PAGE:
As a kid I never cared much for Walt Kelly’s Pogo so I was surprised how much I enjoyed Kelly’s THE BEST OF POGO (whether my taste was bad back then or Kelly’s work, like many classic strips, had run out of steam, I know not). The story of the possum Pogo and his scruffy anthropomorphic friends in a Southern swamp included character studies (the porcupine is a misanthrope due to his inability to get close to people), political satire (Pogo ran for president!) and just humor (a running gag over the years was their inability to sing “Deck the Halls” correctly). I’d have preferred this be all strips — while I’m glad there was some biography in the book, there’s lots and lots, plus reminiscences, plus other cartoons Kelly wrote, and Mad‘s send-up, Gopo the Possum. Still, I’m glad I finally learned to appreciate Kelly. Illustration by Kelly (from this website), all rights remain with current holder
CITY OF FORTUNE: How Venice Ruled the Seas by Roger Crowley chronicles how Venice grew from a small city-state of fishermen into a republic of merchants and traders, then became an imperial power controlling the Adriatic, Crete, parts of Greece and even extending to the Black Sea. The turning point was the Fourth Crusade, which was sidetracked by the son of Byzantium’s recently usurped emperor convincing the Crusaders to put him back on the throne. That didn’t work out, so the Crusaders (including Venetians, who’d supplied the ships) sacked the city and divided up the Byzantine imperial possessions (which didn’t work out well in the long run, as it made it easier for the Turks to push into Europe). This isn’t a side of Venice I’ve come across before in either fiction or nonfiction, and I found it fascinating.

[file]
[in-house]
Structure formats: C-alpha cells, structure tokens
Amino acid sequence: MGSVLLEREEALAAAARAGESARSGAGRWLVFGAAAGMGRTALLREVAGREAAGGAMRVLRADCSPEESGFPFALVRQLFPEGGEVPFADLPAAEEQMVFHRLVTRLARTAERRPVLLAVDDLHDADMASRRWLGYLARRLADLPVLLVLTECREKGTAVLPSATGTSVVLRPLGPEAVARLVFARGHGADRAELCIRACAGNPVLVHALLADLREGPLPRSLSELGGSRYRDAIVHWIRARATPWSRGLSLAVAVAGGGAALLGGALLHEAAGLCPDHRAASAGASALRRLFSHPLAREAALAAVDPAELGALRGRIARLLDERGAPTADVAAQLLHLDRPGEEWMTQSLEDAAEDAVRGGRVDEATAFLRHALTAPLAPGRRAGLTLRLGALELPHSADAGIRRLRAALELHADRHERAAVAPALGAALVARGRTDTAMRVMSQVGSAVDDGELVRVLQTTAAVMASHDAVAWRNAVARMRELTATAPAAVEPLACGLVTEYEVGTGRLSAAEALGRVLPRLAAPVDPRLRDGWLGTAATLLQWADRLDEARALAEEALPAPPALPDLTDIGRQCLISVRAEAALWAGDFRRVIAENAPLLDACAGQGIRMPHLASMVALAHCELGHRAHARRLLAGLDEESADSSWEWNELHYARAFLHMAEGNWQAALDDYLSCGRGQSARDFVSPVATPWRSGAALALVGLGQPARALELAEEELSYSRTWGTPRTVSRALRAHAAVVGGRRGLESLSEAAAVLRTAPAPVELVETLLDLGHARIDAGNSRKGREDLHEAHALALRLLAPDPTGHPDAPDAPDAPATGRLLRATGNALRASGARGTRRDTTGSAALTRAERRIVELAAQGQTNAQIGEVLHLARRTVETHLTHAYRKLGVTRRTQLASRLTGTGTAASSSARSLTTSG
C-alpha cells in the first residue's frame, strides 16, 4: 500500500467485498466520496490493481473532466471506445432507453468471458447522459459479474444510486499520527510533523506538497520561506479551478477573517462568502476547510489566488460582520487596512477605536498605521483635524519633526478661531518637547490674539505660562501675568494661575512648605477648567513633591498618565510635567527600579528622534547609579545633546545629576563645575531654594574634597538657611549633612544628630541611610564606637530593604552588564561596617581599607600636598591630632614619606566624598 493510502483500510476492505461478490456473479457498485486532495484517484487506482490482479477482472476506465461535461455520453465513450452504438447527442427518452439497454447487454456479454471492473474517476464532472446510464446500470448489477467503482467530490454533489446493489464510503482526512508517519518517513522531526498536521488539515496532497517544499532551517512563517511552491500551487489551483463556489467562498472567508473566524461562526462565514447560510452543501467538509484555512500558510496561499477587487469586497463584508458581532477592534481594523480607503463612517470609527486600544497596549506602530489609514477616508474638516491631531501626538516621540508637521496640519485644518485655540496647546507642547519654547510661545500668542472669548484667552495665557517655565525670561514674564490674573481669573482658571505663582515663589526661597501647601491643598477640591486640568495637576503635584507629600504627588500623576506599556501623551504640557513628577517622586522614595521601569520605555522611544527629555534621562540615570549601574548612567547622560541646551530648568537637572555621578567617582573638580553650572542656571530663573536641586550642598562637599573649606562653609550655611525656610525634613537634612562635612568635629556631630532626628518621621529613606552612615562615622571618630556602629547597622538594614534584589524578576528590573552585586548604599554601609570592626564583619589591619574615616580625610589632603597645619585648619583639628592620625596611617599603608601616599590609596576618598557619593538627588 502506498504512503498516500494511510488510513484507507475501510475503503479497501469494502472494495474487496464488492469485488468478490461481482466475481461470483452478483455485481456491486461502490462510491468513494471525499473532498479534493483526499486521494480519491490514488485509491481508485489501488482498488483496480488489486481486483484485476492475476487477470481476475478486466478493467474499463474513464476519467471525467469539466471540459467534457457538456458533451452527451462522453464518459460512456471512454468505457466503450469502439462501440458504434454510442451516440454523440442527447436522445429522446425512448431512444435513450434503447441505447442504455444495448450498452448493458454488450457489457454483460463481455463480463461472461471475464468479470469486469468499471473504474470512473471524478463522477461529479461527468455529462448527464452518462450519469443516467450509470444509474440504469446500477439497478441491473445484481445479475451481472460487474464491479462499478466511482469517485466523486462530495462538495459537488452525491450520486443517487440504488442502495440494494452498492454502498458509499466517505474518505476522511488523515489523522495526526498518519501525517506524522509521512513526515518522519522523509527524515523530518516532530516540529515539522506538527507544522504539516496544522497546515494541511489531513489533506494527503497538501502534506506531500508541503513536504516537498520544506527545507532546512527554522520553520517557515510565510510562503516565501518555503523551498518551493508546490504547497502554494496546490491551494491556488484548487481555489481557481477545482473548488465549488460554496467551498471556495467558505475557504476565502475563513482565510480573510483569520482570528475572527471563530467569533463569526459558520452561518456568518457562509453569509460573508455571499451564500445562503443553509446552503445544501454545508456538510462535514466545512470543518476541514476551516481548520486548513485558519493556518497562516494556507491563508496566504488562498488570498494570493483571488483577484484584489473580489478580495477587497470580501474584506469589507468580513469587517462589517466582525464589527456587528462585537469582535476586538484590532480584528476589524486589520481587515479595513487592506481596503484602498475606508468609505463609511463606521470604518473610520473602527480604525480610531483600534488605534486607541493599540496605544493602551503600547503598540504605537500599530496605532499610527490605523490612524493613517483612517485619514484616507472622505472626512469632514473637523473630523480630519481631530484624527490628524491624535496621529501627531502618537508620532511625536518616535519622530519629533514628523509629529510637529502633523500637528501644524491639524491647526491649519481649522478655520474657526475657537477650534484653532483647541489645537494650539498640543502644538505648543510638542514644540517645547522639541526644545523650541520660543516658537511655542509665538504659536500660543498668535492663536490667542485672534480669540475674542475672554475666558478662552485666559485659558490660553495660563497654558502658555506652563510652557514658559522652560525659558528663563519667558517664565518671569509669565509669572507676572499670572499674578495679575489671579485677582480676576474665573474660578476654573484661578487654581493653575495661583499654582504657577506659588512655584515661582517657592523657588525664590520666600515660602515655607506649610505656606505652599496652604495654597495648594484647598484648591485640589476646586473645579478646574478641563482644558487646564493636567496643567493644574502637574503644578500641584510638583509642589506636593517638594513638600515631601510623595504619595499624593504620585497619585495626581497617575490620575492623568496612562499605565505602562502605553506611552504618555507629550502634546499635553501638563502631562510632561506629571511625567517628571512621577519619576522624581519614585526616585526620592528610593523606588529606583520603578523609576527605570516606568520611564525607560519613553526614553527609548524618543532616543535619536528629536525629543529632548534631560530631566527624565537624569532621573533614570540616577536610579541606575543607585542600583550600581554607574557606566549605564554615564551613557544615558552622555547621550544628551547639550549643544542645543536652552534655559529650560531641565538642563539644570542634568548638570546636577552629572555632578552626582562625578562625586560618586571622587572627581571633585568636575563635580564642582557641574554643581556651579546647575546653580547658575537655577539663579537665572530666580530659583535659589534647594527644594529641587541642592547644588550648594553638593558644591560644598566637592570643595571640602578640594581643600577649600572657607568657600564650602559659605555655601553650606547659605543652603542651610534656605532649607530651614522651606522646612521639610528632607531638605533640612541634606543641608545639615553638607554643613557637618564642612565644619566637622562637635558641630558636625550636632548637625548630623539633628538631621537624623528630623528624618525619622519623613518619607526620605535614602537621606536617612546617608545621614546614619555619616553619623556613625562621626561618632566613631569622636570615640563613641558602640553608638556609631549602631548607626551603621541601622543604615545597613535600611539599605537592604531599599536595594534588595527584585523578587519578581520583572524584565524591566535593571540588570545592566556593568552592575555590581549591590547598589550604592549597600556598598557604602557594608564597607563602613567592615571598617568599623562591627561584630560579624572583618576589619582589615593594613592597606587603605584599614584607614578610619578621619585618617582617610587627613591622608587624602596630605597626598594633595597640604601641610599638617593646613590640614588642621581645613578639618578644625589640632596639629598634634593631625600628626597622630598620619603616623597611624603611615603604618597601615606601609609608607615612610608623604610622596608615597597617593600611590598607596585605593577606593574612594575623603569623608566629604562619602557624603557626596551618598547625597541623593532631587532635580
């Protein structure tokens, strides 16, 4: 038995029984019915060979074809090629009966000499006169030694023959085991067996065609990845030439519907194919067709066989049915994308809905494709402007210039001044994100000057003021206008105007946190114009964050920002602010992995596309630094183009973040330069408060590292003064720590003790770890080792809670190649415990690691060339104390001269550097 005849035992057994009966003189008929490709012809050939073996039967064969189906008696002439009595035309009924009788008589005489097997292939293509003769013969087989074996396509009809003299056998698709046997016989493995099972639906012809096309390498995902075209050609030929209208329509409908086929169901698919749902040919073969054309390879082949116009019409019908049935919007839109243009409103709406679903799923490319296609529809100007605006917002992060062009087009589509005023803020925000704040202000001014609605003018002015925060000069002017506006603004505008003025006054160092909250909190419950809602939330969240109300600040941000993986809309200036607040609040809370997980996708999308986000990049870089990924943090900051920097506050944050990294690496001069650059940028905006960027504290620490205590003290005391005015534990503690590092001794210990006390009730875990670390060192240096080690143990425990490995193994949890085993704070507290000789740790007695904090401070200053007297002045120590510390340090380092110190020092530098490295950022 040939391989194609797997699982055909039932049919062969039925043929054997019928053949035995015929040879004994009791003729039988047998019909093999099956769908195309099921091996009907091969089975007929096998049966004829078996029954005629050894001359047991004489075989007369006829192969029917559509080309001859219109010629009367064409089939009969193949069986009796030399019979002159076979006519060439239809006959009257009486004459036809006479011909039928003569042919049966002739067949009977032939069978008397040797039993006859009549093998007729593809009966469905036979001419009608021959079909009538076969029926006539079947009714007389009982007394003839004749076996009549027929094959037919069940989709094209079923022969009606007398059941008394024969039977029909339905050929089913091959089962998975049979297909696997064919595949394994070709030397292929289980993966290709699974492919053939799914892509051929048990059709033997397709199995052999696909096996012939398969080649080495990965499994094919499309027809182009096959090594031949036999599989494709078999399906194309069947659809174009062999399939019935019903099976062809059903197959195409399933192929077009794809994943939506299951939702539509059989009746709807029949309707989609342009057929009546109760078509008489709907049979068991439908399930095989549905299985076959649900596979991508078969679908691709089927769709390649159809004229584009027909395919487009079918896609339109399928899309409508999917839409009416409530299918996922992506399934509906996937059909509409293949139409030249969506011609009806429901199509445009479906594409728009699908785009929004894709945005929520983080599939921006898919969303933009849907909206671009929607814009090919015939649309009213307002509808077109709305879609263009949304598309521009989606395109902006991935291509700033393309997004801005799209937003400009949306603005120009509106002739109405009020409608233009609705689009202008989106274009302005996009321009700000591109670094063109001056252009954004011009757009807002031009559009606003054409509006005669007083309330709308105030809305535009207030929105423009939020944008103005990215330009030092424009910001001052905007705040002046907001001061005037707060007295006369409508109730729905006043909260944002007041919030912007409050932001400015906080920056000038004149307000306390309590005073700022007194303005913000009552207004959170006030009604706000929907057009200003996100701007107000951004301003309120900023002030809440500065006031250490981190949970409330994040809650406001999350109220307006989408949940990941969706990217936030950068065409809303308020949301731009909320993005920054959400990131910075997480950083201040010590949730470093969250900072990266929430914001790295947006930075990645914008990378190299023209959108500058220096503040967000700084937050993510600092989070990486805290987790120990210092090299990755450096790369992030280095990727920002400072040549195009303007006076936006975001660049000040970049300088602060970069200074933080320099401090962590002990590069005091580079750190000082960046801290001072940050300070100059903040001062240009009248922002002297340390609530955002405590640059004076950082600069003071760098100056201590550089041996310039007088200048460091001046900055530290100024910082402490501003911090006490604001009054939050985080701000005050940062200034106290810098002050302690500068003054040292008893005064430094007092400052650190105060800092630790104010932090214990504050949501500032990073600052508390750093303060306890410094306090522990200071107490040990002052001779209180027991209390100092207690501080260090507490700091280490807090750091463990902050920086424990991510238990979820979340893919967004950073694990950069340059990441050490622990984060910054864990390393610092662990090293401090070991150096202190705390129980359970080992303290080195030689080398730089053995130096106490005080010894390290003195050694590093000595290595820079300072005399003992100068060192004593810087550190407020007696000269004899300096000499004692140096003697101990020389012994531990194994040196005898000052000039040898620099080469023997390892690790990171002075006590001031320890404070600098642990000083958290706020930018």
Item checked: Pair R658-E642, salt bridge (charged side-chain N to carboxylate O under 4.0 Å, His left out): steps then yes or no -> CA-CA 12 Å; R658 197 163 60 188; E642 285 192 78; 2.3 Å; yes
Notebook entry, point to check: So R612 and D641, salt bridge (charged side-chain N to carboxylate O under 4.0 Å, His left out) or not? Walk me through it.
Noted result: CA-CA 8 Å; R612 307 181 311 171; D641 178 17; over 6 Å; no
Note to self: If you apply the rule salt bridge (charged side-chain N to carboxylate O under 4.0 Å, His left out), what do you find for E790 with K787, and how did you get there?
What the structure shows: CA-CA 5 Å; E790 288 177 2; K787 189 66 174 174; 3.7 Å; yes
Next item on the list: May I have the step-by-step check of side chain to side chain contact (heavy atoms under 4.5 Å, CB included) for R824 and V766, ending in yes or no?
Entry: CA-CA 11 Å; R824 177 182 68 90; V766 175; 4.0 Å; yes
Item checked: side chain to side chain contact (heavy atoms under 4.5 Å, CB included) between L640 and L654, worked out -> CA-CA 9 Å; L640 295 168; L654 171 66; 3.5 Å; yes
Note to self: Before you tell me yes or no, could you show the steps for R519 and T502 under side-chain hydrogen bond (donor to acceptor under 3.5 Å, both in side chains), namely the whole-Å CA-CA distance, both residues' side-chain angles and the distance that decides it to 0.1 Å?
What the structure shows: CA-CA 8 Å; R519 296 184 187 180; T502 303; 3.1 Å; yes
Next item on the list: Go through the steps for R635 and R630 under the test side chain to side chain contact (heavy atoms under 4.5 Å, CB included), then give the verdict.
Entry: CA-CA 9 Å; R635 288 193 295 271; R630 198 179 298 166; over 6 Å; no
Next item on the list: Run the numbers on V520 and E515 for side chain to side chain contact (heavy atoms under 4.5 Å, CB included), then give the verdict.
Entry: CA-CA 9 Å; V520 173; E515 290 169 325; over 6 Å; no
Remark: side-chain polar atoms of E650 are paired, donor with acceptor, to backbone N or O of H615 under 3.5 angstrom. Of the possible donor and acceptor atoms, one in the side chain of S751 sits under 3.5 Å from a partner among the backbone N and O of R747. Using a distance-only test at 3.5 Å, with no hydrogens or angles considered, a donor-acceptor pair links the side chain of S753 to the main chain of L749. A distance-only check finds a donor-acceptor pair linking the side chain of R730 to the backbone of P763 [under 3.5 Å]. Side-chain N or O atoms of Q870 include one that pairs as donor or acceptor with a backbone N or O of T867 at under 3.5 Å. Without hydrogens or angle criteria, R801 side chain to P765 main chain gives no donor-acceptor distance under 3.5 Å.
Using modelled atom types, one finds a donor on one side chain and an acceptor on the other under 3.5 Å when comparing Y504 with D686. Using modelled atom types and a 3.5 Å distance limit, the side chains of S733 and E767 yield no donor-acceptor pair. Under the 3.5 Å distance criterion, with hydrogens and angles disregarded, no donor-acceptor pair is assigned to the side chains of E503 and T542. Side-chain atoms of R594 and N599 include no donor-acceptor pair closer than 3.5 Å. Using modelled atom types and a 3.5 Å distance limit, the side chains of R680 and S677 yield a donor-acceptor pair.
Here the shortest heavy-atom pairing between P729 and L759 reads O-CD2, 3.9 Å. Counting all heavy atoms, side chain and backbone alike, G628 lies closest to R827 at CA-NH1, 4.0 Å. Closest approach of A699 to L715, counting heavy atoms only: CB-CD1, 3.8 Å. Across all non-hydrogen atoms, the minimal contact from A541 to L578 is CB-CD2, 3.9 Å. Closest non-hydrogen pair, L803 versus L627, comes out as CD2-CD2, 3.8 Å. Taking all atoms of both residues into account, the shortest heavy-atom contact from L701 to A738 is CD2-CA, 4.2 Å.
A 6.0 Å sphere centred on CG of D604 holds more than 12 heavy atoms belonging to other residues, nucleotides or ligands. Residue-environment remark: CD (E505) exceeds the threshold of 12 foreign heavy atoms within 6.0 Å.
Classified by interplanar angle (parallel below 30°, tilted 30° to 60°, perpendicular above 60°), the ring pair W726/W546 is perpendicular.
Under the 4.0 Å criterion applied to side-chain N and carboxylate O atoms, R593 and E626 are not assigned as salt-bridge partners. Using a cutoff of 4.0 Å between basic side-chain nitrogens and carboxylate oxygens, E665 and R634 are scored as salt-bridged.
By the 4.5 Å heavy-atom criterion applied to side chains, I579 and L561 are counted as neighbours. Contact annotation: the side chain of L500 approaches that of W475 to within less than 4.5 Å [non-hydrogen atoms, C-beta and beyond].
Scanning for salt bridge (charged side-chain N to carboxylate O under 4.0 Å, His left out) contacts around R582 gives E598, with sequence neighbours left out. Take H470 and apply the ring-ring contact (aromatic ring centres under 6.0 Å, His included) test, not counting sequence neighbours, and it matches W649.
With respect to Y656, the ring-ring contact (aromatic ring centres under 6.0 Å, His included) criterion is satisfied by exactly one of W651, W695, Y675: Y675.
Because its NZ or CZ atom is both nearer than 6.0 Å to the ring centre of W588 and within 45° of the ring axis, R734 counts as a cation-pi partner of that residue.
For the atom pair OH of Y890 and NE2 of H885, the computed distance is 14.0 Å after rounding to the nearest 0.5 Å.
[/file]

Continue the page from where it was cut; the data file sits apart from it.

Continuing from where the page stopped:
AQUAMAN: Black Manta Rising by Dan Abnett and Brad Walker, is the second book in Aquaman’s Rebirth arc (I haven’t read Vol. 1). This returns Aquaman to Silver/Bronze Age status — king of Atlantis, JLA member, battling with Black Manta to save his kingdom — and it’s a lot of fun. Not really much to say about it beyond that, but if I still bought current superhero books (I’ve been burned too many times by reboots and big crossover events) I’d definitely be picking up this one.
CALAMITY JACK by Shannon, Dean and Nathan Hale is second in another graphic novel series. Jack of beanstalk fame (apparently a supporting character in Vol. 1, Rapunzel’s Revenge), takes center stage as circumstances force him back to the city he fled for being a no-good thief. It seems the giants have taken over; can Jack turn things around for humanity? Can he admit how he feels about Rapunzel? And what will she say when she realizes he’s the kind of scheming crook she despises? A fairly charming juvenile novel.